SAN DIEGO—When it comes to laryngopharyngeal reflux (LPR), the standard treatment is clear: proton pump inhibitors (PPIs). But, as experts explained here at the American Academy of Otolaryngology-Head and Neck Surgery Foundation Annual Meeting, an array of options is out there, many of them non-pharmaceutical.
Explore this issue:December 2016
LPR occurs in an estimated 30% to 40% of the adult population in the United States, with a higher incidence among people who are obese, are older, smoke, suffer from high stress, and consume certain diets, said Marilene Wang, MD, professor of head and neck surgery at the University of California, Los Angeles (UCLA) School of Medicine.
Debate Over Treatment
Michele Morrison, DO, FACS, a laryngologist and chair of otolaryngology-head and neck surgery at Naval Medical Center in Portsmouth, Va., said that while LPR has been accepted as a separate entity from gastroesophageal reflux, there is some lingering debate over the condition’s diagnosis and management. LPR can lead to a variety of symptoms, including chronic mucosal injury, laryngitis, and granulomas, as well as pulmonary issues such as pneumonia, and can be a trigger for head and neck cancers, including esophageal cancer and laryngeal and pharyngeal squamous cell carcinomas.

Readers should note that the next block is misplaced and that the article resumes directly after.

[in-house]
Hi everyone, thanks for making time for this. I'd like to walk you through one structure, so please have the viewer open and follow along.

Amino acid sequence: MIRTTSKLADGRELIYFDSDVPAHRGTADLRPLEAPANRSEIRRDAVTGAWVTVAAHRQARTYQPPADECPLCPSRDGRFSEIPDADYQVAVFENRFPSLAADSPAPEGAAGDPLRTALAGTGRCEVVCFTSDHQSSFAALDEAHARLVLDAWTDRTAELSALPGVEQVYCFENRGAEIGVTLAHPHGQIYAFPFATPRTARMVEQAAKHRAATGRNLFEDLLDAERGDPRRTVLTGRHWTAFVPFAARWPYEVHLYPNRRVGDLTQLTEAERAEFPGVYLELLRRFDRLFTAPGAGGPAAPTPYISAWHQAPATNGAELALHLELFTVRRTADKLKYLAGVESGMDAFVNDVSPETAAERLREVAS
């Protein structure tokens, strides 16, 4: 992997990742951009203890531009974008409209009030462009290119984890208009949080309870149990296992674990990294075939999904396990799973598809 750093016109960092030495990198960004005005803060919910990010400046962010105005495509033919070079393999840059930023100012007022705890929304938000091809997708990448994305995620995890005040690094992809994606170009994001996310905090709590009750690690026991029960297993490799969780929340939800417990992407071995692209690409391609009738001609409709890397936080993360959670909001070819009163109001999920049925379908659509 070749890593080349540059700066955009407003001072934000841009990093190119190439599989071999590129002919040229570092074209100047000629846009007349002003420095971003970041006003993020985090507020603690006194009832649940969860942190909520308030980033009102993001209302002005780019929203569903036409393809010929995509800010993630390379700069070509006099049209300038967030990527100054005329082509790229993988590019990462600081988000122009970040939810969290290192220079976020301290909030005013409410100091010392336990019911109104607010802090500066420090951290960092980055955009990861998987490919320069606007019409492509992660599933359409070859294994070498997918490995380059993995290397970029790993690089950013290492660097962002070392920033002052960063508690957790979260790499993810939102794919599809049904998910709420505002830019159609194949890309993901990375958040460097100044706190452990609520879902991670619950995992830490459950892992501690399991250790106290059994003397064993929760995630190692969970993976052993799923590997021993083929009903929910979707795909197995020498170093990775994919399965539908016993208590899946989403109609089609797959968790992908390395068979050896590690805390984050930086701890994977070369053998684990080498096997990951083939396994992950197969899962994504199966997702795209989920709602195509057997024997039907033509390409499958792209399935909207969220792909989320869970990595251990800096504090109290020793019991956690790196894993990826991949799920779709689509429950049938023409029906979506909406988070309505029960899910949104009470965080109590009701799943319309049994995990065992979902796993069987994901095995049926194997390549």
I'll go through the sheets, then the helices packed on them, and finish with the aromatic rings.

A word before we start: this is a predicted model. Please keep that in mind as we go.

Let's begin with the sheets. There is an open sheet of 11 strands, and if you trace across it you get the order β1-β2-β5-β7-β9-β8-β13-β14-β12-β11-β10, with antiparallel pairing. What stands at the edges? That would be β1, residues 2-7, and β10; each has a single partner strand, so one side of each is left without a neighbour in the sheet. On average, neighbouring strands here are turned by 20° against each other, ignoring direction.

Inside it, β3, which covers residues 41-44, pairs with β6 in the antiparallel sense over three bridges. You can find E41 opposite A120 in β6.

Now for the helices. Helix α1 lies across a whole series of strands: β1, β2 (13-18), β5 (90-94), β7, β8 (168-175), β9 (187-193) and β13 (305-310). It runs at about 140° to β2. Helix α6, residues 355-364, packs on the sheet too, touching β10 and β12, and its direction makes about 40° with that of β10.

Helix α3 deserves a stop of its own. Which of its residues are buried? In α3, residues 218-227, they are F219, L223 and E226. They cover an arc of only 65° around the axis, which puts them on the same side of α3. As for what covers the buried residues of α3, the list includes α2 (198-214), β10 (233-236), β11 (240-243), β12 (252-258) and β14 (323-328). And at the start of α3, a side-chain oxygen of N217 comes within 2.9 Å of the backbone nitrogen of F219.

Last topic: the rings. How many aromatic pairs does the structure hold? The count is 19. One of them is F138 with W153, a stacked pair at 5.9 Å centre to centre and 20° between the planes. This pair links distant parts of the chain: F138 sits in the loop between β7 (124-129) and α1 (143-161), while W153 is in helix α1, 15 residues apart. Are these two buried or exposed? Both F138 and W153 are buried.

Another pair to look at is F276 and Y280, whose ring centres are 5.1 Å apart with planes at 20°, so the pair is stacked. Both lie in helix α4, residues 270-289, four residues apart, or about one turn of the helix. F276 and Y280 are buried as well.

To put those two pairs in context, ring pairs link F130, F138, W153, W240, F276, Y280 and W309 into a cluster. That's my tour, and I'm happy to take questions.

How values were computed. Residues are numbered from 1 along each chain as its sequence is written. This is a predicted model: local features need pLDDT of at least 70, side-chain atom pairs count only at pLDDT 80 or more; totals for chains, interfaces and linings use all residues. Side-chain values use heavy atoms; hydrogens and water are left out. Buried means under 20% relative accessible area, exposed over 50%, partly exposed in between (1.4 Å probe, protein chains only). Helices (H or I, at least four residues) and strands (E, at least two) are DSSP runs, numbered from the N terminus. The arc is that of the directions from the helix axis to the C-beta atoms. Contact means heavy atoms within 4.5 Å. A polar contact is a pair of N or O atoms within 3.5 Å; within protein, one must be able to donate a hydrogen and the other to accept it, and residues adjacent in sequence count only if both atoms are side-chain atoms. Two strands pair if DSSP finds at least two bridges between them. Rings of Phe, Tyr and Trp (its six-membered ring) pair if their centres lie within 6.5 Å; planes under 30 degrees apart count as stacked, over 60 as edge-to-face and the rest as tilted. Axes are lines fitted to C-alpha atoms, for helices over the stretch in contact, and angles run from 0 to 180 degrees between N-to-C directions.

Cough, globus, dysphonia, and throat clearing are some of the ways patients present. A typical work-up includes a complete head and neck exam with flexible laryngoscopy, along with tests to obtain a reflux symptom index (RSI) score and a reflux finding score (RFS). The RSI can be helpful because patients are followed and are later retested to see how they’re doing, Dr. Morrison said. “Sometimes patients aren’t the best historians to tell you whether they’re actually better,” she said.
Objective testing options, typically performed during follow-up after patients have started treatment, include upper endoscopy, high-resolution esophageal manometry (HREM), and multi-channel intraluminal pH-impedance.
Dr. Morrison said she will typically start patients on 20 mg of a PPI twice a day, with an H2 blocker at night. At the end of treatment, PPIs should be tapered, she said, due to the risk of a rebound effect. Discussions about lifestyle changes, including not eating the day’s biggest meal at night and not eating within three hours of bedtime, are a must, she said. “I can’t emphasize enough that it’s worth those extra few minutes to really talk to the patient about their diet and their lifestyle,” she said. If patients don’t respond, the investigation should continue. “Don’t use LPR as a ‘fall-back’ diagnosis,” she said.
Voice therapy also has a role to play in correcting LPR’s effect on the voice, said Nausheen Jamal, MD, assistant professor of otolaryngology-head and neck surgery at the Lewis Katz School of Medicine at Temple University in Philadelphia. LPR can cause increased muscle tension, hard glottal attack, restricted pitch range, and abnormal shimmer and jitter, among other things. Acid suppression can help with these issues, but it doesn’t work for everyone, Dr. Jamal said (Laryngoscope. 2005;115:1230–1238).